What’s your resolution for the new year? Your business resolution, that is? What do you want to accomplish in 2018?
Most business owners and managers undoubtedly remain resolved to do better in one fashion or another: to better manage employees and processes, provide better products and services to customers and ultimately make more money.
A new year always constitutes a good time for renewed efforts, an opportunity to start over and bring fresh energy and, hopefully, enthusiasm to the tasks at hand. This new year constitutes an especially good time for Grand Valley businesses because of what are widely seen as improving economic conditions that should bolster sales and profits. If headwinds persist in the coming year, they’re not likely to be as fierce. At least that’s the expectation.
Still resolved to do better? Here are some ideas to help.
Take time to take stock. Given the busy schedules of most business owners and managers, it’s entirely understandable to focus on the details of day-to-day operations without considering the bigger picture. It’s important, though, to take regular breaks to think and talk about what’s happening — not only what might be going wrong, but also what’s going right. Involve employees in this process and incorporate their insights and suggestions. Compile a short and specific list of things to do. Schedule the next break in a week or a month or two, then review what’s been accomplished, what’s yet to get done and what additions or subtractions might be needed.
Make and maintain connections. Good business depends in large part on making and maintaining good relationships — between managers and employees, between businesses and their suppliers and certainly between businesses and their customers. Taken advantage of leads groups and networking events to cultivate relationships. In fact, take advantage of every encounter as an opportunity to foster relationships that could benefit your business. You never know when they might. Remember, though, the one rule that remains golden: Treat others the way you’d like to be treated.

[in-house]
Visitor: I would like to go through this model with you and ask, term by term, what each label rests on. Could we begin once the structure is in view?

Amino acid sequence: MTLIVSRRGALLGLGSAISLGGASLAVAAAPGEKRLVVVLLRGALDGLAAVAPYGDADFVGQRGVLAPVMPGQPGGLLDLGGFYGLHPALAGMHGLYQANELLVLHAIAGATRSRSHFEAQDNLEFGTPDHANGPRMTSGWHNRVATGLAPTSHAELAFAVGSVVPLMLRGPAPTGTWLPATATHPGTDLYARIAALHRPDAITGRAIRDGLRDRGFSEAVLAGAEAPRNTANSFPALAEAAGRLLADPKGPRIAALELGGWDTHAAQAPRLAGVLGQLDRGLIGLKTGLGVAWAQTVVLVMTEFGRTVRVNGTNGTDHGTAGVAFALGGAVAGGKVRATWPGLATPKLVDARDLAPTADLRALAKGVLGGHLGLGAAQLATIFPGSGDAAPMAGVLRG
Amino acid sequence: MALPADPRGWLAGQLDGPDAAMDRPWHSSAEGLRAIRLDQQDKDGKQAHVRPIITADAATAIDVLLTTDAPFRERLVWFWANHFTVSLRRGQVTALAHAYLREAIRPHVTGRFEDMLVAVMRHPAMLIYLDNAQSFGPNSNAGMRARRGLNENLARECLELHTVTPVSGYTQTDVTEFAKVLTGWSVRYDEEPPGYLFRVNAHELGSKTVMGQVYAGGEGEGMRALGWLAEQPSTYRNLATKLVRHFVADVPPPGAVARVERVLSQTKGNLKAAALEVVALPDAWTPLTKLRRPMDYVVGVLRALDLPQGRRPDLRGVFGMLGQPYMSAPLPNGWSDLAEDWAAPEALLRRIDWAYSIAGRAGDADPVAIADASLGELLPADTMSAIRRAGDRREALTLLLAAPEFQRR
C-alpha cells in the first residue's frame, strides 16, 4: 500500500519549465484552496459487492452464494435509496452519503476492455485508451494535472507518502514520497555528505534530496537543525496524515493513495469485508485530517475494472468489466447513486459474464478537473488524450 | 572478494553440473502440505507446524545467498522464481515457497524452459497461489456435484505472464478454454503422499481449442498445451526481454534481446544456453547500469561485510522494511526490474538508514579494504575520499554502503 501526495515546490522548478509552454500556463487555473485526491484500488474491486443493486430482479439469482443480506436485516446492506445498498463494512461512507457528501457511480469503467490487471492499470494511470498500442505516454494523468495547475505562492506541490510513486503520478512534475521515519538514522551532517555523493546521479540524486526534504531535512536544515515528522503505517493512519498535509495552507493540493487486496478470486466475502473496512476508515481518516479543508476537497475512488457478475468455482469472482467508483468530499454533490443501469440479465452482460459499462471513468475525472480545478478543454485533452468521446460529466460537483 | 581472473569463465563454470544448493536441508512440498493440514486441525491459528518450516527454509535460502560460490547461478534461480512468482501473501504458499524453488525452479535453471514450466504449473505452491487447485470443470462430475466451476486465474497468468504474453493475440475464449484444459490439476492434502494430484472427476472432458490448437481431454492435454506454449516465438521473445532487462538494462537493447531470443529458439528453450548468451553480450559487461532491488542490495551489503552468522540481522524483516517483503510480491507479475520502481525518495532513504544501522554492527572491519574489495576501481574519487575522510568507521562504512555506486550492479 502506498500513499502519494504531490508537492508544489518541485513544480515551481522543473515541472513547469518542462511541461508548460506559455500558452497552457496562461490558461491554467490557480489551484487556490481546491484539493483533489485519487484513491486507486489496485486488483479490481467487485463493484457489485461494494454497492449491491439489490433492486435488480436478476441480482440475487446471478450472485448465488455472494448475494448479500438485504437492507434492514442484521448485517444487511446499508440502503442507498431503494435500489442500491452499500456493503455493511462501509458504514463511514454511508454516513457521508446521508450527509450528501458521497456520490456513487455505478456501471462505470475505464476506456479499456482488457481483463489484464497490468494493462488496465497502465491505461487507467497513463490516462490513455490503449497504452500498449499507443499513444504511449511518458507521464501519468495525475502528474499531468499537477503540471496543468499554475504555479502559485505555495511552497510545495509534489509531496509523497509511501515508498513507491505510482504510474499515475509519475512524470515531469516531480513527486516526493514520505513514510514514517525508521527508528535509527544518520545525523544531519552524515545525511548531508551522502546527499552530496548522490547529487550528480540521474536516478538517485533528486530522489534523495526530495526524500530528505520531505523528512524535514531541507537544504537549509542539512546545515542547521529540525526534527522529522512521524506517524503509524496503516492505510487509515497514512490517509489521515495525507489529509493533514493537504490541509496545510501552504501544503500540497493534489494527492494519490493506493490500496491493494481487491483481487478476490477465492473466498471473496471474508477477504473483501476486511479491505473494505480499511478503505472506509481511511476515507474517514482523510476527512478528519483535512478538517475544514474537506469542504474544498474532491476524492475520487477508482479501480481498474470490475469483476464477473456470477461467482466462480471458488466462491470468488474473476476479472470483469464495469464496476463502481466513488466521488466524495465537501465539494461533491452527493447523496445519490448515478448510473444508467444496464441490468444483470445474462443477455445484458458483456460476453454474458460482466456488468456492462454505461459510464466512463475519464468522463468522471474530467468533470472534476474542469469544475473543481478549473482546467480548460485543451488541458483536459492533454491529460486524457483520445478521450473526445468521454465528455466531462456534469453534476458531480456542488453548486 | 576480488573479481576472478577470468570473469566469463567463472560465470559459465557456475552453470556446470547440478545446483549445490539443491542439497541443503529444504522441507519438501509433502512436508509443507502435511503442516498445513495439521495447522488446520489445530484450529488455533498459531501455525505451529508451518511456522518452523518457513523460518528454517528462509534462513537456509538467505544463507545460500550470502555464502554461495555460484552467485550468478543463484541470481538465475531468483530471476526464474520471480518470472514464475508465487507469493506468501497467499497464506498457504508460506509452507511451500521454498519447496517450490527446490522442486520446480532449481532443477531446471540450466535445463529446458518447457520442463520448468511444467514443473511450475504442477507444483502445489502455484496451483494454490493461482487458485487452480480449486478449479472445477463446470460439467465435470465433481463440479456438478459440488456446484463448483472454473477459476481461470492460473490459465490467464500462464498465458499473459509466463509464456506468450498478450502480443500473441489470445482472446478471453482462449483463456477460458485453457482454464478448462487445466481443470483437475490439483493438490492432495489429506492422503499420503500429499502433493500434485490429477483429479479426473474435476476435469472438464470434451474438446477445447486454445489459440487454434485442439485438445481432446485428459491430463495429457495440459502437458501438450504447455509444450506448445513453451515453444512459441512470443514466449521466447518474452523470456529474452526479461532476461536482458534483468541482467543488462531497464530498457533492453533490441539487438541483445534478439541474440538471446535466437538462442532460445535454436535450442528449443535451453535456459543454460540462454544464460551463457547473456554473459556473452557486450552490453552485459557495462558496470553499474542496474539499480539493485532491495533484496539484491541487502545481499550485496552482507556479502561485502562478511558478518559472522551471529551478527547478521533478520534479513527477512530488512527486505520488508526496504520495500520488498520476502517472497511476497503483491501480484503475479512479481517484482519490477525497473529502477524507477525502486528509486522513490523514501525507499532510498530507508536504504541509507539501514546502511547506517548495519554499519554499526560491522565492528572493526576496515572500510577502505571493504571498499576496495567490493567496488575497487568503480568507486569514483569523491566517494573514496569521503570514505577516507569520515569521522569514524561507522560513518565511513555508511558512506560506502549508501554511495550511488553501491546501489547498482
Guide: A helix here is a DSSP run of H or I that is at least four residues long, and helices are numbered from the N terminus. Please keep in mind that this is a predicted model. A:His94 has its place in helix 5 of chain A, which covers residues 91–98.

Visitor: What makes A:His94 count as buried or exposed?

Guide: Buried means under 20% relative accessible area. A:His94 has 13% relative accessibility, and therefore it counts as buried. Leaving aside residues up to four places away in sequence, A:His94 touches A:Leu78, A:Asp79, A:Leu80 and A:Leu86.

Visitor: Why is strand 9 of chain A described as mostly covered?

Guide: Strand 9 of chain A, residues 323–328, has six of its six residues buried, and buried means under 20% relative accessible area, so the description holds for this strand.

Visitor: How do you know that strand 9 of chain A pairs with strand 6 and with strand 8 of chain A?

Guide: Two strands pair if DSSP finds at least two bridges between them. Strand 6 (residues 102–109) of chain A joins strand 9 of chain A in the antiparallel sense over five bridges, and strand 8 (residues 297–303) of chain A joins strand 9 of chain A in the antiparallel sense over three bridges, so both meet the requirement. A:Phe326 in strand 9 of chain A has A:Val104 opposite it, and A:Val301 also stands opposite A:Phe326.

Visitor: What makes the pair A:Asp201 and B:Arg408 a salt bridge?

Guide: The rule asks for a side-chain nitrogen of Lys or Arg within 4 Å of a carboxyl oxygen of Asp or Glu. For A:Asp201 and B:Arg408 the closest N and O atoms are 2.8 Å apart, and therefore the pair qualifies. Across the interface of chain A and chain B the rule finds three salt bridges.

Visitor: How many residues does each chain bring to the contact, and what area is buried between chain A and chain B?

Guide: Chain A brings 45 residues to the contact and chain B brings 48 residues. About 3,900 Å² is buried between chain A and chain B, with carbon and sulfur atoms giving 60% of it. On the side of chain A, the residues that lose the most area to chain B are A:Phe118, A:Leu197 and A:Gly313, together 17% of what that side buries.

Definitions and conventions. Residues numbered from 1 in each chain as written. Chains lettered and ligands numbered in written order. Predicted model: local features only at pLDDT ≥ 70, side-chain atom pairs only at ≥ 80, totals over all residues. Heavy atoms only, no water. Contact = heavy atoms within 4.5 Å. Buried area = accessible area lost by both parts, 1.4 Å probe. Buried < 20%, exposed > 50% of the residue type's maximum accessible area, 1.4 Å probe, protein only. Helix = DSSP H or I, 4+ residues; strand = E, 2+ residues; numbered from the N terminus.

Seek out assistance and advice. No business owner or manager has to singularly shoulder the responsibilities of their operations, even if they work alone. Ample assistance and advice is available in the Grand Valley, a lot of it for free. The Business Incubator Center and its Small Business Development Center in Grand Junction offer a range of resources. So do the Mesa County Workforce Center and local chambers of commerce. The U.S. Small Business Administration also offers a variety of information and training online through its website at www.sba.gov.
Give back. Businesses that do well invariably also do good in supporting local philanthropic organizations and causes with their time, treasure or both. Employees like to work for businesses that are involved in the community. Customers like to purchase goods and services from those businesses. What goes around comes around.
Take advantage of the Business Times. While this might be shameless promotion, it’s also good advice. Advertise. Submit news releases about your business. If nothing else, read stories about what other businesses are doing and the advice columnists offer. The resources are there. Use them.
One more thing: Enjoy a prosperous new year.